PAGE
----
[17 October 2005]
Despite an adolescence misspent in the early 1980s, the height of the video-arcade era, I was never a videogame guy. My friends were serious Atari junkies, but I staunchly remained a pinball and air hockey enthusiast. As far as I was concerned, Space Invaders were people who got in your face, Galaga was a bad prop comic, and Missile Command was something we were terrified about Ronald Reagan having. And The Legend of Zelda was the working title of Fitzgerald’s Tender Is the Night.
Now that I have kids of my own, I’m better versed in videogame lore, especially The Legend of Zelda, the first four versions of which are the favorite diversion on their Nintendo GameCube. My son and daughter are, simply put, little Zelda maniacs, not content only to play the games, but to act out the adventures of young protagonist Link and plaster their walls with drawings of the various creatures he encounters in his quests to save the kingdom of Hyrule and its beautiful Princess Zelda from catastrophe. So when I found out that there was a Zelda cartoon show and that video distributor Shout Factory was releasing it in its entirety, I jumped on the chance to cop a review copy and glom some Dad-heroics of my own.
My kids were thrilled. They love the show. It’s made for little people like them, Zelda fans with the attention spans of spider monkeys on crank. For those of us who are not part of this relatively narrow demographic, The Legend of Zelda: The Complete Animated Series will make you feel like my generation’s parents felt whenever they had to drag us out of the arcade.
Zelda ran for 13 episodes in 1989, the featured cartoon on Fridays of a weekday Nintendo marketing-fest called The Super Mario Bros. Super Show!, which otherwise ran Super Mario Brothers cartoons, complete with videogame sound effects, bracketed by excruciatingly unfunny live-action skits acted out by Danny Wells and former pro-wrestler/Cyndi Lauper stooge “Captain Lou” Albano as Luigi and Mario. Some of the live-action segments are available on the Zelda set as optional special features. I use them to threaten the kids if they don’t behave.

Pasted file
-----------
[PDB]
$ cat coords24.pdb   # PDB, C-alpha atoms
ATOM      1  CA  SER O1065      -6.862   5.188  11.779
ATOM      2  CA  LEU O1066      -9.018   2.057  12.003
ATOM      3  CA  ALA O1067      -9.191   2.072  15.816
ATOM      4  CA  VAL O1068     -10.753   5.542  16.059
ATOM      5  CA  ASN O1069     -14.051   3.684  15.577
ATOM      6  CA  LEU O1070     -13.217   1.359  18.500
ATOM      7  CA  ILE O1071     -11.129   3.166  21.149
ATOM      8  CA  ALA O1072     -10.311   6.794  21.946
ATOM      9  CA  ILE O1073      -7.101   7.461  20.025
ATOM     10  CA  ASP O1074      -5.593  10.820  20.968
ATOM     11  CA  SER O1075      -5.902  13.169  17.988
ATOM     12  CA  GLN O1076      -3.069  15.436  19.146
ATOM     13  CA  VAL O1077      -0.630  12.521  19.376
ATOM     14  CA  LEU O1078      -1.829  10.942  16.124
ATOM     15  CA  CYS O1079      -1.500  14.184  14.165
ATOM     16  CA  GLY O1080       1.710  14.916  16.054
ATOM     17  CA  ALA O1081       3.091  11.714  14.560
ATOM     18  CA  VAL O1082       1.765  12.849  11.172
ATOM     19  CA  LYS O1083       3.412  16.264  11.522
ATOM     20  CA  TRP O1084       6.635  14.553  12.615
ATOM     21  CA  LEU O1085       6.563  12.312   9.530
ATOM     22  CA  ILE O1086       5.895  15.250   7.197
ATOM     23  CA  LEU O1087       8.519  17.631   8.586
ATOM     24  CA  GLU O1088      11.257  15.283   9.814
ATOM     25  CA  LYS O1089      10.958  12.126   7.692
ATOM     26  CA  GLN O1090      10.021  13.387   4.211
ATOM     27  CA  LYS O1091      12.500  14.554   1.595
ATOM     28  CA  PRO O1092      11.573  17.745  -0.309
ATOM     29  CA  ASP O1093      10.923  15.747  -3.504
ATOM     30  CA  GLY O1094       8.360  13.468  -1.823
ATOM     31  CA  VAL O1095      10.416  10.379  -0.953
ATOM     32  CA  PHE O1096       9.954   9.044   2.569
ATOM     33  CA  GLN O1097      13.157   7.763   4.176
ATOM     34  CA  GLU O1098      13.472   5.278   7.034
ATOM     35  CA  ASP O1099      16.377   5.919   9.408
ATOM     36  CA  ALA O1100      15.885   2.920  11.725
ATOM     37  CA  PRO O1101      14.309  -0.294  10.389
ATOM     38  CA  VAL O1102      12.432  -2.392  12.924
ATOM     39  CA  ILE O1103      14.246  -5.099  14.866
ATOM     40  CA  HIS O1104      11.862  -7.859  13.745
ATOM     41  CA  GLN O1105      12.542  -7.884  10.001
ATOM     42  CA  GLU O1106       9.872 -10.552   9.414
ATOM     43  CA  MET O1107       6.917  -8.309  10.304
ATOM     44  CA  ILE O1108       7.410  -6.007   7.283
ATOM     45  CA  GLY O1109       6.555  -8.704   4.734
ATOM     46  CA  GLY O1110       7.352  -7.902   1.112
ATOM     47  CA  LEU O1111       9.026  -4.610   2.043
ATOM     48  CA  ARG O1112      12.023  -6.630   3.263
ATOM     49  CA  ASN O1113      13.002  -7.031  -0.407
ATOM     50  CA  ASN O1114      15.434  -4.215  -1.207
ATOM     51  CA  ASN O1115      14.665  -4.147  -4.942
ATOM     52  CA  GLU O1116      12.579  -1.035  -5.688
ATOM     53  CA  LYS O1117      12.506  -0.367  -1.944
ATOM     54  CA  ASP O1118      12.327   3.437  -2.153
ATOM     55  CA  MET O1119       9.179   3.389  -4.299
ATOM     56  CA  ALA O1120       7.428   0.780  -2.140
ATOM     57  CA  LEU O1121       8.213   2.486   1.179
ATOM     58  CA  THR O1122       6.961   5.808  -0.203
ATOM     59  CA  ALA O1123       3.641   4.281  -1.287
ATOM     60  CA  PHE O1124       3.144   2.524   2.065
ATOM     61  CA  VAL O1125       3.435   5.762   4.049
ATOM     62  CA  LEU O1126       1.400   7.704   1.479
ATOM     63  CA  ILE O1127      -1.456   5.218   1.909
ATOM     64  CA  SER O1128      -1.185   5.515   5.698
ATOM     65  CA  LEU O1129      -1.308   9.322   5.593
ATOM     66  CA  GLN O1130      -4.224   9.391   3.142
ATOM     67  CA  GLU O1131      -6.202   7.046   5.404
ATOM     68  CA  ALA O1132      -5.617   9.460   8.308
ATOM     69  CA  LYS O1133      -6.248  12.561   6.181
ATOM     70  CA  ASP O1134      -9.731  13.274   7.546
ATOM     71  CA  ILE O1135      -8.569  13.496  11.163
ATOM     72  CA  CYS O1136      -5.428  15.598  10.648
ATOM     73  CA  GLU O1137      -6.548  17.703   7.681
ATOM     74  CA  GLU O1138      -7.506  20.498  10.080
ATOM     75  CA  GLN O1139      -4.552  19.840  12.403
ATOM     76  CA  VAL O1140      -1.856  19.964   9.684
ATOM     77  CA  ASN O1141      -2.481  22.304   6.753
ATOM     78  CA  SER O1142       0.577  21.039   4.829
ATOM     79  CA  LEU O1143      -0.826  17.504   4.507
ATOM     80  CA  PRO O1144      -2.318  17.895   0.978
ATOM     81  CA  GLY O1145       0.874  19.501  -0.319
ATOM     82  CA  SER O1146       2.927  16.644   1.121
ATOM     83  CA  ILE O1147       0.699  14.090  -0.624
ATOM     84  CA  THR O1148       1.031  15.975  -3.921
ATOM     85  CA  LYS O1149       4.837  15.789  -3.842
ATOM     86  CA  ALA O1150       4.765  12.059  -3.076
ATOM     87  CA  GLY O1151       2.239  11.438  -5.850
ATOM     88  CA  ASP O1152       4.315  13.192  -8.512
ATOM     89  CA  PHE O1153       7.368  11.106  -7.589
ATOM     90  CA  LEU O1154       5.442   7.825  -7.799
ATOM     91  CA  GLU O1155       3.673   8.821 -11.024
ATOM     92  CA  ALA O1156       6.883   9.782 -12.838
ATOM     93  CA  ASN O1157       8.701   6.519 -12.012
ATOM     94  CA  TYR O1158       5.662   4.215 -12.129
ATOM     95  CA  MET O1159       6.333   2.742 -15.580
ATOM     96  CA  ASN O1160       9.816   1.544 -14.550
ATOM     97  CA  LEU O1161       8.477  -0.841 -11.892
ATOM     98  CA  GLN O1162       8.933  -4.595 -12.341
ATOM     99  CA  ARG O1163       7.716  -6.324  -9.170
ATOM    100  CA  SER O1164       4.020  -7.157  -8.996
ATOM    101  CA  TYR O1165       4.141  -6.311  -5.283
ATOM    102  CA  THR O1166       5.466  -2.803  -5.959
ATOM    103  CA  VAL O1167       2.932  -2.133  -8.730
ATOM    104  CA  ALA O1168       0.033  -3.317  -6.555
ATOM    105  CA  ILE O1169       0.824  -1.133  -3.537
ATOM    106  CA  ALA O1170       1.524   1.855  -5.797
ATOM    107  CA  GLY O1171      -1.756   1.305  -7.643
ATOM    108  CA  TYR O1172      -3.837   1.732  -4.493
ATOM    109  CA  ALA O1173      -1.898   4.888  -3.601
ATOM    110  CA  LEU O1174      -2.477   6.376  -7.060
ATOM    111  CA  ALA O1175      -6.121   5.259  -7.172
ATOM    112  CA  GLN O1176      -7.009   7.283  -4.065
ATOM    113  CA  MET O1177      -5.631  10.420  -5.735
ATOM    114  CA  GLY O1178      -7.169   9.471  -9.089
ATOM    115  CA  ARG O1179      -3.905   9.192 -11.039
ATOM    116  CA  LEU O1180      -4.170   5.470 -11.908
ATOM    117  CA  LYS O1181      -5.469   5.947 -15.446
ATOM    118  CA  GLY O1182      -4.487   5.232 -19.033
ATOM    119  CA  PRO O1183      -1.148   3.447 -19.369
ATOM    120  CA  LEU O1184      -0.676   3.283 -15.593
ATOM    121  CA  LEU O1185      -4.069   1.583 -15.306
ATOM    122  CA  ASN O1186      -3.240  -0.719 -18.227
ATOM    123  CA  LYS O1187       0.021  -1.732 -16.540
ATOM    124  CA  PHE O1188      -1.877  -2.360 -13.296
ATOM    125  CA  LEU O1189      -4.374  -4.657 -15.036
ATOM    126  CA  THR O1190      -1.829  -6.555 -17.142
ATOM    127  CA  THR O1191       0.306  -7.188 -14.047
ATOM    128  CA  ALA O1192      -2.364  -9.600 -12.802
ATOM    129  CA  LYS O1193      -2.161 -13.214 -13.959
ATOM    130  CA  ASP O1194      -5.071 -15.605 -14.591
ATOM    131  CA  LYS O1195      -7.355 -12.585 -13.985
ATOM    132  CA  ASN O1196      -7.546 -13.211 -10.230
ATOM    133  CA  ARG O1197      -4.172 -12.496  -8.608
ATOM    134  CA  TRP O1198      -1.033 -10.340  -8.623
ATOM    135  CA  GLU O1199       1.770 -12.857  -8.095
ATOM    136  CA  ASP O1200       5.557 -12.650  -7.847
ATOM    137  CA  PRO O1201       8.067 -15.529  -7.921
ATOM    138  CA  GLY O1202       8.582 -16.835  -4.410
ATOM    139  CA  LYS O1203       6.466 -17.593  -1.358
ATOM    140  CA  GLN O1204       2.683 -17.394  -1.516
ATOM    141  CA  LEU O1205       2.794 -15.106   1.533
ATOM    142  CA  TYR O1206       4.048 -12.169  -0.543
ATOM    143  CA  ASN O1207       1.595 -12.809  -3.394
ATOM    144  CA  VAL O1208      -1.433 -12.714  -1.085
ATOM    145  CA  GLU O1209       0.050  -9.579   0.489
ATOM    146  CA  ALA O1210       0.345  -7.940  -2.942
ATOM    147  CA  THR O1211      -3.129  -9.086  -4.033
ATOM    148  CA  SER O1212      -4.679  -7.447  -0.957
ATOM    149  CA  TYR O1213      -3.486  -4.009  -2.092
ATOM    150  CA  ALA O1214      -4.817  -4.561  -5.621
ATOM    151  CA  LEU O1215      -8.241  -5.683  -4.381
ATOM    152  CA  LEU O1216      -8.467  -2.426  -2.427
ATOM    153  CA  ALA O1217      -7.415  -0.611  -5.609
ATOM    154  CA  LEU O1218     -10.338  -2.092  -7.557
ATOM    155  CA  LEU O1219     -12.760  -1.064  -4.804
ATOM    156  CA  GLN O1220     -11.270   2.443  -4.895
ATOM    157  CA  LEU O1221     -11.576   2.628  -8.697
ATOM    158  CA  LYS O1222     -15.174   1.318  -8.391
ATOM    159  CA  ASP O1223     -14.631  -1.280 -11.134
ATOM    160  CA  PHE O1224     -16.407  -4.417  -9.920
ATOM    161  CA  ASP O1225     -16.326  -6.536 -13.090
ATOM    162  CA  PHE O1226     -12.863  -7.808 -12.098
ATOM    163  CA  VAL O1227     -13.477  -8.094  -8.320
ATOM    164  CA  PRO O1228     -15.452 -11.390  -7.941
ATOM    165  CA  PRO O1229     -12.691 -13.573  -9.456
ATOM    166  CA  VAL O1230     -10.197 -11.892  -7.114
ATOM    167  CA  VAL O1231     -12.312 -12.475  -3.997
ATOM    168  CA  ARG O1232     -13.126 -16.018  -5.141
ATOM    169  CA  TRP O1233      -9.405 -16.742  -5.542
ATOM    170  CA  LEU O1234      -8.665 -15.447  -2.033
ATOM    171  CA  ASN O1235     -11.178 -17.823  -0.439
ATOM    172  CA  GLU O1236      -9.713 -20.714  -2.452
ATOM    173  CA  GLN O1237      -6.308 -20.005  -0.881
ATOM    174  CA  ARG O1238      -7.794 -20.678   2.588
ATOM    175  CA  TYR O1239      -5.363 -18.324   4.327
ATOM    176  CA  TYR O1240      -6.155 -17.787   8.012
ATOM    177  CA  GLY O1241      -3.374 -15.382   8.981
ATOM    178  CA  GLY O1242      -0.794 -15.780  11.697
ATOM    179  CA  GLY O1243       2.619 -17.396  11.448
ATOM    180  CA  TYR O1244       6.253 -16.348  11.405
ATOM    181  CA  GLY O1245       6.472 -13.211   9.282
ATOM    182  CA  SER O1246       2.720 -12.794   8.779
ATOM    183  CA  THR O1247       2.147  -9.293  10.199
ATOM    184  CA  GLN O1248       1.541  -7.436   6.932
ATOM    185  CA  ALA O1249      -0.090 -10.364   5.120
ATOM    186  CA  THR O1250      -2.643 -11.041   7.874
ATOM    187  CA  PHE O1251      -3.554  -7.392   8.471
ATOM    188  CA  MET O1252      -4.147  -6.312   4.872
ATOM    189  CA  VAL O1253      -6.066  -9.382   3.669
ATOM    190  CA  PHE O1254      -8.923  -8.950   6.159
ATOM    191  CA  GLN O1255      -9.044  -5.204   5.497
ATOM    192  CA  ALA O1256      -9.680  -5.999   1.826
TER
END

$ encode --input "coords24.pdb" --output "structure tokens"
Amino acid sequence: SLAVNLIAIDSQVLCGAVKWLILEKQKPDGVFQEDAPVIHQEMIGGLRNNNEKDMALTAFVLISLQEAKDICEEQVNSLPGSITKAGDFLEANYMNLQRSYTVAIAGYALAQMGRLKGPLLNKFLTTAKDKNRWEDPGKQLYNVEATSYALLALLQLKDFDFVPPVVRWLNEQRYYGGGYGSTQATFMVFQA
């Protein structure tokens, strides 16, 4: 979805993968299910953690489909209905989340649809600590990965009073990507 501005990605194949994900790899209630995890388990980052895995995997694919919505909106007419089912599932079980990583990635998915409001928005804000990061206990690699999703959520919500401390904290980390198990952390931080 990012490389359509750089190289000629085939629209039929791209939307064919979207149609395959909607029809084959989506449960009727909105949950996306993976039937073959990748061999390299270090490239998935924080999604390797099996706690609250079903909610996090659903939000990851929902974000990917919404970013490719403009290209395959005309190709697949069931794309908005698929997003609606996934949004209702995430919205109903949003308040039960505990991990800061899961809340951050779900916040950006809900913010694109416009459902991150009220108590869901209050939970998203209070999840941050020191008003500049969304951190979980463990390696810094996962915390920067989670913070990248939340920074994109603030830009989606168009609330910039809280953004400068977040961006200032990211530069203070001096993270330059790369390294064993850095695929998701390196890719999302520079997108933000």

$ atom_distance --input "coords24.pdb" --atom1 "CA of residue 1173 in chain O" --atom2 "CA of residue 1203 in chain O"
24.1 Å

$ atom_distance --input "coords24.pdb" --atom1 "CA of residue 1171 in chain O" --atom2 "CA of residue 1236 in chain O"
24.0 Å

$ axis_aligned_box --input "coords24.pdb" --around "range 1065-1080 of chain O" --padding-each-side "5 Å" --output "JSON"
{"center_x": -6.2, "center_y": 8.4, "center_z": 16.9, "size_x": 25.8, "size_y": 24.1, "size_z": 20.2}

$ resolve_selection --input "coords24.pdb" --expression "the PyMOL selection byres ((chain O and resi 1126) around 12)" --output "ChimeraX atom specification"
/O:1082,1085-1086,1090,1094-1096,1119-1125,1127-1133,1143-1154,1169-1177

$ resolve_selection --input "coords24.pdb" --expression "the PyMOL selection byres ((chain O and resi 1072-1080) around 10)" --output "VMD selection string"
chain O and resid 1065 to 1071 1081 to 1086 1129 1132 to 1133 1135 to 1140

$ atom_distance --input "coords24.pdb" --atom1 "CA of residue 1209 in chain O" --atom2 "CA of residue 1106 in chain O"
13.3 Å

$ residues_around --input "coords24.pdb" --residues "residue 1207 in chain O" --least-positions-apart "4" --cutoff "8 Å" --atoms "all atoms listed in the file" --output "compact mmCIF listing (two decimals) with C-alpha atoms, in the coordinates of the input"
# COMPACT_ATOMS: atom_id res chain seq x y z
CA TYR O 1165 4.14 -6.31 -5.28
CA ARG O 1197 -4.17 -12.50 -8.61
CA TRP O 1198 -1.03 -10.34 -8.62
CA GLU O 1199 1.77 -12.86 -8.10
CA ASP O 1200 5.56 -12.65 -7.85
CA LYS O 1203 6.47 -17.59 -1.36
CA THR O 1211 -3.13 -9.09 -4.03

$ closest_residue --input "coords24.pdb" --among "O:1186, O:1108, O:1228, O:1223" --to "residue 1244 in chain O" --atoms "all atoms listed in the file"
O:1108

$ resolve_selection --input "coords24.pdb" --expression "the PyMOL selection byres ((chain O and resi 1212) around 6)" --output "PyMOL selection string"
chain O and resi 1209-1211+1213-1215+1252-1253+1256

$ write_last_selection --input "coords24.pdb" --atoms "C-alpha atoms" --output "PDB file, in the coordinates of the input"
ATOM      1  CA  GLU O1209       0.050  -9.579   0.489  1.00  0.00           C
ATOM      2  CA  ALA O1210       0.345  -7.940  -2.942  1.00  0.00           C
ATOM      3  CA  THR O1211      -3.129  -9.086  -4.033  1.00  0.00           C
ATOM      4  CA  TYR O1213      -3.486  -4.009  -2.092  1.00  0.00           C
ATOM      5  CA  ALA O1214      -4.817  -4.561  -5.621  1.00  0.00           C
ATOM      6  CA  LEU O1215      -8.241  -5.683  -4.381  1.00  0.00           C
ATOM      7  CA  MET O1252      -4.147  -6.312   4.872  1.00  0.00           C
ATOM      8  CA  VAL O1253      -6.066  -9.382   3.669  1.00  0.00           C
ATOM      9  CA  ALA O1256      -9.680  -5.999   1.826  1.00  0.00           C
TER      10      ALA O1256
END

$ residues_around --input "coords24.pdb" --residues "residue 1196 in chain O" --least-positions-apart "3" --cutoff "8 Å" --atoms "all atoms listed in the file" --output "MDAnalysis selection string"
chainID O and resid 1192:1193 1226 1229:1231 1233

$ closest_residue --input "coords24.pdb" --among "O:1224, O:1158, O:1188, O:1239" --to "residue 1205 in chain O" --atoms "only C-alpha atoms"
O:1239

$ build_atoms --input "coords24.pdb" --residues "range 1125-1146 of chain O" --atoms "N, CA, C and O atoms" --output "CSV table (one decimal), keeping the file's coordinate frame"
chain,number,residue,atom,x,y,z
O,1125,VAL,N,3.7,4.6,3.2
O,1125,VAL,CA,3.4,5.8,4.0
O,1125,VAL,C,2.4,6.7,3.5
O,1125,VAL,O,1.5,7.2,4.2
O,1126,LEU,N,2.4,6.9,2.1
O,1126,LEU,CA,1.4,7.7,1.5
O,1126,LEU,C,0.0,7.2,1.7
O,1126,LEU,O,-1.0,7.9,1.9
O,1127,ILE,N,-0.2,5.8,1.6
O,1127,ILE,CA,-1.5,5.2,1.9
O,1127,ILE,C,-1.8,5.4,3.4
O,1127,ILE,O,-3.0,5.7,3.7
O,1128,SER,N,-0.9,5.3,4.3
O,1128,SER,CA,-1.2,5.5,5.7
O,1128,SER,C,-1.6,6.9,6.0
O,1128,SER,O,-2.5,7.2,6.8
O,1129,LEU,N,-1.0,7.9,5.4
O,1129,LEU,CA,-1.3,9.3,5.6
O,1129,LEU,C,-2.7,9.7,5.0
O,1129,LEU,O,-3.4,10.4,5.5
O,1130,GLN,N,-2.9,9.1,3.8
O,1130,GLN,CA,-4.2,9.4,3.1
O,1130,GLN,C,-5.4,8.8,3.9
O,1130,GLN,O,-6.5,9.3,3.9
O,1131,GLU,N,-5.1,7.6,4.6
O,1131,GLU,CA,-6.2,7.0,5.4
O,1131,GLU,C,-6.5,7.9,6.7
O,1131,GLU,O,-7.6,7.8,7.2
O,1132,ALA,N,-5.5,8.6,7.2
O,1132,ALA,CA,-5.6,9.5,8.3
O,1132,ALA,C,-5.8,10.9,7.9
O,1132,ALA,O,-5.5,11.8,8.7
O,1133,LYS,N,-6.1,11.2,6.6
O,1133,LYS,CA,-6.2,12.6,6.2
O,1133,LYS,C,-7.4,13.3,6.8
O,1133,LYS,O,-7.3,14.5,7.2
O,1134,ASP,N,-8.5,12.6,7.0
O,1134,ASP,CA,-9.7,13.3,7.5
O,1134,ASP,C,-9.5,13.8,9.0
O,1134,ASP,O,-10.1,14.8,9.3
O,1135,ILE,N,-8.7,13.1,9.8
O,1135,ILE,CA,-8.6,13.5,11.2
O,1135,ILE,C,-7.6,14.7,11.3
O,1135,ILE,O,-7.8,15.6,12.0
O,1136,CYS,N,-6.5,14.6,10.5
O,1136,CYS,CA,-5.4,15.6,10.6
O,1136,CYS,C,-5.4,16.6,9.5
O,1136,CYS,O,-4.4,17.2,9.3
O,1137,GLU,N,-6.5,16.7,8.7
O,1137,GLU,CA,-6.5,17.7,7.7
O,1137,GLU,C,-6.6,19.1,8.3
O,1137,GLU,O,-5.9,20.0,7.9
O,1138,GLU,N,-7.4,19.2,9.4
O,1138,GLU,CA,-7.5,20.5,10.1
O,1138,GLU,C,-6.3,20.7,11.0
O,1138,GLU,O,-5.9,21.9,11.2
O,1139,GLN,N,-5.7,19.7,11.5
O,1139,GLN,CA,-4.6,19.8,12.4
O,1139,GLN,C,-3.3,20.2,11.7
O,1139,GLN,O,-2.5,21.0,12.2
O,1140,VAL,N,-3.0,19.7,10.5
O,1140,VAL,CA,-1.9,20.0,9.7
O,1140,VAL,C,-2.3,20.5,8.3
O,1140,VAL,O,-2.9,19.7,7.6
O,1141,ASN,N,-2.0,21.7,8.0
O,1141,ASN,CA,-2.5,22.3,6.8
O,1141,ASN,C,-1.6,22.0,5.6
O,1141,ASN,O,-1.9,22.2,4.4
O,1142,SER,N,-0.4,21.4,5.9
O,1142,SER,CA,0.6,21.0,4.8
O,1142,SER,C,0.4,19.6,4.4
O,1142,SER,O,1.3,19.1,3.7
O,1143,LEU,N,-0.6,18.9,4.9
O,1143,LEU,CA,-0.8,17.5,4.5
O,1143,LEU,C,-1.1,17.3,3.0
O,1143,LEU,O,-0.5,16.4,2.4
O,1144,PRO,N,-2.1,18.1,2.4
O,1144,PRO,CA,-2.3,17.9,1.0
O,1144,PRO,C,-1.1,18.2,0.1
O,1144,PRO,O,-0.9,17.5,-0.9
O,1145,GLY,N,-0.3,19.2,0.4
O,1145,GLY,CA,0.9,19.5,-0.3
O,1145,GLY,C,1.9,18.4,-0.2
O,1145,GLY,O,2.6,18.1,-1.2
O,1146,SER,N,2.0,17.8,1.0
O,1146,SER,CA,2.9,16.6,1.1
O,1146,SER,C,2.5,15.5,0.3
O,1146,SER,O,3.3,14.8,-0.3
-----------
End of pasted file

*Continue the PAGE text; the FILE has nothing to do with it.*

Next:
The cartoon itself is fairly typical of the fallow period in American TV for kids during the late ‘80s and early ‘90s, after network affiliates had by and large cut out most Saturday-morning fare and before Cartoon Network and the rise of anime breathed new life into the animation industry. Cartoons-as-toy-commercials have always been a staple of kiddie fare, but it’s hard to recall any shows of the period that weren’t promotional in nature and artless in execution. While shows like Thundercats (1985-87), Silverhawks (1986), the first run of Transformers (1984-86), and the big daddy of them all, G. I. Joe (1985-86), have engendered nostalgic micro-cults, in truth none of them are watchable as anything but stoner kitsch. As a friend of mine said to me, “Oh wow! I remember eating Legend of Zelda cereal while watching Legend of Zelda! I don’t remember if the show was any good, but I liked the cereal.”